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The pGEM-T is 3kb in length, and contains the amplicin resistance gene, conferring selection of the plasmid in E. coli, and the ori site which is the bacterial origin of replication. The plasmid has multiple cloning sites as shown below. The coding sequence was inserted by TA cloning. Many E. coli strains are suitable for the propagation of this vector including JM109, DH5α and TOP10.
The coding sequence can be easily obtained by digesting the vector with proper restriction enzyme(s). The coding sequence can also be amplified by PCR with M13 primers, or primer pair SP6 and T7.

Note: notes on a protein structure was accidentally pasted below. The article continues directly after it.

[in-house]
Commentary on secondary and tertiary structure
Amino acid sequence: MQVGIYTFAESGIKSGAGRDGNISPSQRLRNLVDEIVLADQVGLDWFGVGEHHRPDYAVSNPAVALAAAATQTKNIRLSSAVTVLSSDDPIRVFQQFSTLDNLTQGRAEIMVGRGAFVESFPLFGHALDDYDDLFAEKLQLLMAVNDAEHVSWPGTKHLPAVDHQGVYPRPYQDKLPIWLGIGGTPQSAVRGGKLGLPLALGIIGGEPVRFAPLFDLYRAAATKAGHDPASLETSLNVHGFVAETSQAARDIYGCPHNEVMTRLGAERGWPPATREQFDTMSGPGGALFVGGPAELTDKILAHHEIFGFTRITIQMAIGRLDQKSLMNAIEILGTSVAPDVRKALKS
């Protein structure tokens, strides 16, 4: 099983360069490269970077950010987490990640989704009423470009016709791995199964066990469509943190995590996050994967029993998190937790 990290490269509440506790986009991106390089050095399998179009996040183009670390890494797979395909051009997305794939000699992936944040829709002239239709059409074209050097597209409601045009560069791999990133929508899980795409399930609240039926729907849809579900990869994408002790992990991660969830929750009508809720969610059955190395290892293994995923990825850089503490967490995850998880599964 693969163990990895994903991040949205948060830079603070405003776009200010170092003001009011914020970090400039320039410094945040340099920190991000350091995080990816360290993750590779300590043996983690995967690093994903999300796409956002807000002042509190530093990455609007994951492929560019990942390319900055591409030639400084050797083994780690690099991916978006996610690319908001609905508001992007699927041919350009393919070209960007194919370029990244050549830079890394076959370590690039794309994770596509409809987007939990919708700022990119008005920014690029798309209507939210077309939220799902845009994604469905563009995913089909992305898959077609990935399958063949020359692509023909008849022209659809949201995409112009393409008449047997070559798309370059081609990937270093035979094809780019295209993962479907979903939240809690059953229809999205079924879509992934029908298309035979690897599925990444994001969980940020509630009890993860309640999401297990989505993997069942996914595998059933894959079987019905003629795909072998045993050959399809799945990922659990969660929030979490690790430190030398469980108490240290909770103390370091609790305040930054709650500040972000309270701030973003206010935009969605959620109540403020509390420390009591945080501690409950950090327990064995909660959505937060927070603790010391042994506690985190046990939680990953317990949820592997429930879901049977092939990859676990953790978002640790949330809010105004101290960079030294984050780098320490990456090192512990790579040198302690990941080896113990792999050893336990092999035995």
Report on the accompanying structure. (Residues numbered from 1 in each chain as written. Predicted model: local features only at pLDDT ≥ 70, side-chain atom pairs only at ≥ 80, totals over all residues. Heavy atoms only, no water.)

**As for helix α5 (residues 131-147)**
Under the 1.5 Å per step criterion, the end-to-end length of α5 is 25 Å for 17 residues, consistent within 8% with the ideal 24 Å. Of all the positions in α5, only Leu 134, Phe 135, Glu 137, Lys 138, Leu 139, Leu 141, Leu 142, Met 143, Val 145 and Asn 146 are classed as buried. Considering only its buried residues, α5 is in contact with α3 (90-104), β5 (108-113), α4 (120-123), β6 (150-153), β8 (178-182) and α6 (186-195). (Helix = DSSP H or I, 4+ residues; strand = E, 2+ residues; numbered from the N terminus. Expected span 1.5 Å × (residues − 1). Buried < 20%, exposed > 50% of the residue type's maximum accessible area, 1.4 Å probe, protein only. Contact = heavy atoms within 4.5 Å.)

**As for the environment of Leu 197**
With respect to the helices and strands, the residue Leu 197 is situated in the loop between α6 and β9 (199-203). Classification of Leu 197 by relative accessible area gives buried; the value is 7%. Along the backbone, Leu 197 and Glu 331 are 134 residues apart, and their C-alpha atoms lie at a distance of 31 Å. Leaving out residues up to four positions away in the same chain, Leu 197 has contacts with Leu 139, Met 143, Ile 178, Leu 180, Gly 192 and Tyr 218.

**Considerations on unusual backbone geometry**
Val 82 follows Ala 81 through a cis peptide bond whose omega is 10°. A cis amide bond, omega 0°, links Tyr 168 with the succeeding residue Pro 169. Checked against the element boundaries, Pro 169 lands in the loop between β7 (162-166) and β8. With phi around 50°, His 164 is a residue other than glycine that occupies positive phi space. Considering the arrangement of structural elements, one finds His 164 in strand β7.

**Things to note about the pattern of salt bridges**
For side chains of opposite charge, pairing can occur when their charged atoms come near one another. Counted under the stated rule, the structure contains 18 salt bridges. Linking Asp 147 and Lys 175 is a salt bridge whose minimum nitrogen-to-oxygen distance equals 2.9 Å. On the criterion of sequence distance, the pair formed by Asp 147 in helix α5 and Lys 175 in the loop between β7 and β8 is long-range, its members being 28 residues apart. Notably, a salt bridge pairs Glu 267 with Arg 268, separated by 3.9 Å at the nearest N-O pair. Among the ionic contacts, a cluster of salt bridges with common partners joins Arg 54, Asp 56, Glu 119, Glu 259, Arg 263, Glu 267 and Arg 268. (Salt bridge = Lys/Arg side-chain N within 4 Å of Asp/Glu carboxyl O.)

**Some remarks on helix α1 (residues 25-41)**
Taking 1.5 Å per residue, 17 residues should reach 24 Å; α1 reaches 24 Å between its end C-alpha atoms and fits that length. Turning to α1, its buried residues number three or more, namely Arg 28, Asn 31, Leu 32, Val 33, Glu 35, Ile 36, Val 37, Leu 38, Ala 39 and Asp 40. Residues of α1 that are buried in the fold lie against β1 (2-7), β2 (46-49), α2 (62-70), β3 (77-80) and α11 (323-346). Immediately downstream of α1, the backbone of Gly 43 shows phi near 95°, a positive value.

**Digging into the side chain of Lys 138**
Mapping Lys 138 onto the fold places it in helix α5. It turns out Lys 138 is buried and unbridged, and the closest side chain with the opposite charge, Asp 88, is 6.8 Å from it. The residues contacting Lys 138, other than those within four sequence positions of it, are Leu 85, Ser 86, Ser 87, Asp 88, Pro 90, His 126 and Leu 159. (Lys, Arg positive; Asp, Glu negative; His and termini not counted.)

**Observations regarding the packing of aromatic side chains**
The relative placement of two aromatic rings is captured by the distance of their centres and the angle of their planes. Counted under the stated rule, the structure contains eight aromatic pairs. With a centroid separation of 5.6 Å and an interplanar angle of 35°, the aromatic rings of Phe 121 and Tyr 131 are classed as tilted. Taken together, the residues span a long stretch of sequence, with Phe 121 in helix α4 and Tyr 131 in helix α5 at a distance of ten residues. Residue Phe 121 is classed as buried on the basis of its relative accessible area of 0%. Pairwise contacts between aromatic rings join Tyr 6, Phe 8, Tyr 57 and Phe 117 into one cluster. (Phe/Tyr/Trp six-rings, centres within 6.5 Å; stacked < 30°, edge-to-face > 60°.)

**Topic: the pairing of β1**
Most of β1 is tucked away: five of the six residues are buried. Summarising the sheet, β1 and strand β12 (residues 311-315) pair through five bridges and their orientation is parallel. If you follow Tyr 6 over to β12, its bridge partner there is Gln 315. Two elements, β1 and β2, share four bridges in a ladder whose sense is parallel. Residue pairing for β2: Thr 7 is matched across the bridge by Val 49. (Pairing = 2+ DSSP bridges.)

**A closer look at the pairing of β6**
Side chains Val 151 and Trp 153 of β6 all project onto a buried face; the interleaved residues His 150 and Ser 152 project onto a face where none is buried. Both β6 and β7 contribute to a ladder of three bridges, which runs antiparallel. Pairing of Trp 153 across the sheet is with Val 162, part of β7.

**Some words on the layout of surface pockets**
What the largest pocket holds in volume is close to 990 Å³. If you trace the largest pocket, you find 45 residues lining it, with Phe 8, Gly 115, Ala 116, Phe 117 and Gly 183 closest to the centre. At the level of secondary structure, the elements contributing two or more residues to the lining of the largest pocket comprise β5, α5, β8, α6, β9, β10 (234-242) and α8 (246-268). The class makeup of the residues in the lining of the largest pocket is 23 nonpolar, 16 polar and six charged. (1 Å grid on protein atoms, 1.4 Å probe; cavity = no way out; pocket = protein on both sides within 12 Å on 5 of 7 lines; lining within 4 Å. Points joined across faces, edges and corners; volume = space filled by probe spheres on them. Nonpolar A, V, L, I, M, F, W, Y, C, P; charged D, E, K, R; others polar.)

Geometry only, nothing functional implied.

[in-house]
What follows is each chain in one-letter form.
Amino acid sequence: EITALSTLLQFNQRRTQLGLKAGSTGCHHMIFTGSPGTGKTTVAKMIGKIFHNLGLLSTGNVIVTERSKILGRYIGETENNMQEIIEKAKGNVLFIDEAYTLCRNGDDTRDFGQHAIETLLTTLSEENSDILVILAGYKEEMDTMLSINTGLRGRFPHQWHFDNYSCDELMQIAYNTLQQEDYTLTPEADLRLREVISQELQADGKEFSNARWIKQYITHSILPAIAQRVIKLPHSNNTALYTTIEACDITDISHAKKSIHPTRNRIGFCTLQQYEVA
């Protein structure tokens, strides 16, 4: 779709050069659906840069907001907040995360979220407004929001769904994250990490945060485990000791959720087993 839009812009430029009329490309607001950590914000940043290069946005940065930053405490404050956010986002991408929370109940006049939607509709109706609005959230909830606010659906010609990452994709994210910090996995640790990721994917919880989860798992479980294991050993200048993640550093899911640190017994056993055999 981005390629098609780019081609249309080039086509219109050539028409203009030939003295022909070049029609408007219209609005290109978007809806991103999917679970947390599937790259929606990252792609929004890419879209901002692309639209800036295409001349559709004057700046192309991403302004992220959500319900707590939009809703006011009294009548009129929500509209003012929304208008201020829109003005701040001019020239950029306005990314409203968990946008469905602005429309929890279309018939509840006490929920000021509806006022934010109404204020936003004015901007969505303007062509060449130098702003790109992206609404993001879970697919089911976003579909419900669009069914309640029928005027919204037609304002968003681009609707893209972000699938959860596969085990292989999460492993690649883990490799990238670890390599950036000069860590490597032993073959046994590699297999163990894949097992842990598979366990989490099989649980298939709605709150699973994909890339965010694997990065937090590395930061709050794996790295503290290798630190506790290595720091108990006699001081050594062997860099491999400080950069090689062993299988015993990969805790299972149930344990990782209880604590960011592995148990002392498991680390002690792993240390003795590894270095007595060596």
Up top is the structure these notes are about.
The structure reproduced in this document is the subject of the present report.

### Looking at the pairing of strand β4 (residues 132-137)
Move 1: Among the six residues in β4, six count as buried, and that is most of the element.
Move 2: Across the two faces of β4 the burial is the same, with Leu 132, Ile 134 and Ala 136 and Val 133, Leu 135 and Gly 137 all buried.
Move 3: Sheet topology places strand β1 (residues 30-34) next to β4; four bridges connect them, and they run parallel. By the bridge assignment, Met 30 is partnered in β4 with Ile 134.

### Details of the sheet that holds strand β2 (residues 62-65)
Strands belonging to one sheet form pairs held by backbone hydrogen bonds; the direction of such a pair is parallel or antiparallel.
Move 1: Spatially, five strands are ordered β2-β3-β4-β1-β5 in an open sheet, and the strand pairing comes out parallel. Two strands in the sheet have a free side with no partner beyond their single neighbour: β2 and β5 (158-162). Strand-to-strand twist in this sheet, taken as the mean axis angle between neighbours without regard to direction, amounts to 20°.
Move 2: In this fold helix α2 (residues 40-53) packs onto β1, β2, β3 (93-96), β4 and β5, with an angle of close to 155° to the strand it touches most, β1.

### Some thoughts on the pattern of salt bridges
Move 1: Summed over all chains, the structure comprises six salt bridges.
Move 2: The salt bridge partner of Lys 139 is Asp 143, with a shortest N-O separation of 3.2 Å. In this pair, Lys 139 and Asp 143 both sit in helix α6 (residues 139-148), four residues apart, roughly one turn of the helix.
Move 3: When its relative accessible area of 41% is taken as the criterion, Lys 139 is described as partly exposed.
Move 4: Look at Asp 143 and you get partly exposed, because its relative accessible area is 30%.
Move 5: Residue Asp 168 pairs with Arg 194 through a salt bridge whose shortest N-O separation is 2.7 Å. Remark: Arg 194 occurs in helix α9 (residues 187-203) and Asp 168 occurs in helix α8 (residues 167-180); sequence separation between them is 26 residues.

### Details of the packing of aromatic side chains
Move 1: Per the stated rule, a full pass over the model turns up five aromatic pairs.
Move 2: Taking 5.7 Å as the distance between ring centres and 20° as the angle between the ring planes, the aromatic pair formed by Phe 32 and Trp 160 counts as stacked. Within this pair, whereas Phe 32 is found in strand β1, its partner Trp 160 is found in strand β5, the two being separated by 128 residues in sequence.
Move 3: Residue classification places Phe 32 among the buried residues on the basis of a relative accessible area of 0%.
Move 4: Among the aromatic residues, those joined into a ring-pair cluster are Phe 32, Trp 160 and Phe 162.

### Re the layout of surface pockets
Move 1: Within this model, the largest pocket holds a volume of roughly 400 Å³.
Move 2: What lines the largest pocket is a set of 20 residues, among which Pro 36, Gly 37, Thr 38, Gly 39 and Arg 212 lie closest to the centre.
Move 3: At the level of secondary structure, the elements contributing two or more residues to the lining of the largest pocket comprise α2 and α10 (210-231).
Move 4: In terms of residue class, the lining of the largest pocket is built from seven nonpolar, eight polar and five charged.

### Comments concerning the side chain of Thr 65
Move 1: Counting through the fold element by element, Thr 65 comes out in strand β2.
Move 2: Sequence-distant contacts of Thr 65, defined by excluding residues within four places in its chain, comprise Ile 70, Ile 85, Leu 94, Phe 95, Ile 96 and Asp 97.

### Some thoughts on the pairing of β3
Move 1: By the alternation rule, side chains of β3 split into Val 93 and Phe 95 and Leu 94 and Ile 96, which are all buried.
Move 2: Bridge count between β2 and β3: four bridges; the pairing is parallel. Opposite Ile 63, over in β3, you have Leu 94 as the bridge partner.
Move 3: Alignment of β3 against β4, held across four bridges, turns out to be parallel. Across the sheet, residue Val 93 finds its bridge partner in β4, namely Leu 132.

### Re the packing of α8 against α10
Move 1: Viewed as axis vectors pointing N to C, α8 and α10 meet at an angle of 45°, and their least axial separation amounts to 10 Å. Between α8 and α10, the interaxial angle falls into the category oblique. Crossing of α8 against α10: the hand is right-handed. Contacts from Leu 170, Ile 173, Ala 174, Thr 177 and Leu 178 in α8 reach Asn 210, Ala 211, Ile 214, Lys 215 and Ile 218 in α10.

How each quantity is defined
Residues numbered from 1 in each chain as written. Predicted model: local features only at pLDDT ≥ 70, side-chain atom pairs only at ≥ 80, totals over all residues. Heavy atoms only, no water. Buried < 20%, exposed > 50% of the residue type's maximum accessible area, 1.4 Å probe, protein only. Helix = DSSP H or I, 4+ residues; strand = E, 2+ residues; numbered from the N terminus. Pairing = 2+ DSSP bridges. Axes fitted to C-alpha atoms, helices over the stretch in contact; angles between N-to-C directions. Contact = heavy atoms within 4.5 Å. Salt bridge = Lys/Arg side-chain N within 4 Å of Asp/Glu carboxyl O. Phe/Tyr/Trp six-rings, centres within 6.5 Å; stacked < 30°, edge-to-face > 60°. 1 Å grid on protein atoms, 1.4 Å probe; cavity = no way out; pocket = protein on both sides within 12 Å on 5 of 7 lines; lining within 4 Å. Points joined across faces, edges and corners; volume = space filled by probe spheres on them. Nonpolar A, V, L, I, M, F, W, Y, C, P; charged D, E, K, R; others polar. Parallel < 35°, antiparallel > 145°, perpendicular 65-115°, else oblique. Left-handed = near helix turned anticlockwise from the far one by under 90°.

PAK3 is a member of PAK proteins, a family of serine/threonine p21-activating kinases, serve as effectors of small Rho GTPases Cdc42 and RAC and have been implicated in a wide range of biological activities. There are six mammalian PAKs which can be divided into two groups: group I PAKs (PAK1-3) and group II PAKs (PAK4-6). Although the two PAK groups are architecturally similar there are differences in their mode of regulation suggesting their cellular functions are likely to be different. Group I p21-activated kinases (PAK1/2/3) is demonstrated as ERK3/ERK4 activation loop kinases. It has been shown that group I PAKs phosphorylate ERK3 and ERK4 on Ser-189 and Ser-186, respectively, both in vitro and in vivo, and that expression of activated Rac1 augments this response. Besides regulation enzymatic activation of ERK3/ERK4, PAKs can also play roles in downstream activation of MAP kinase-activated protein kinase 5 (MK5) in vivo. Thus, the group I PAKs act as upstream activators of ERK3 and ERK4 and unravel a novel PAK-ERK3/ERK4-MK5 signaling pathway. In clinical, PAK has been proposed as a potential therapeutic target in schwannomas.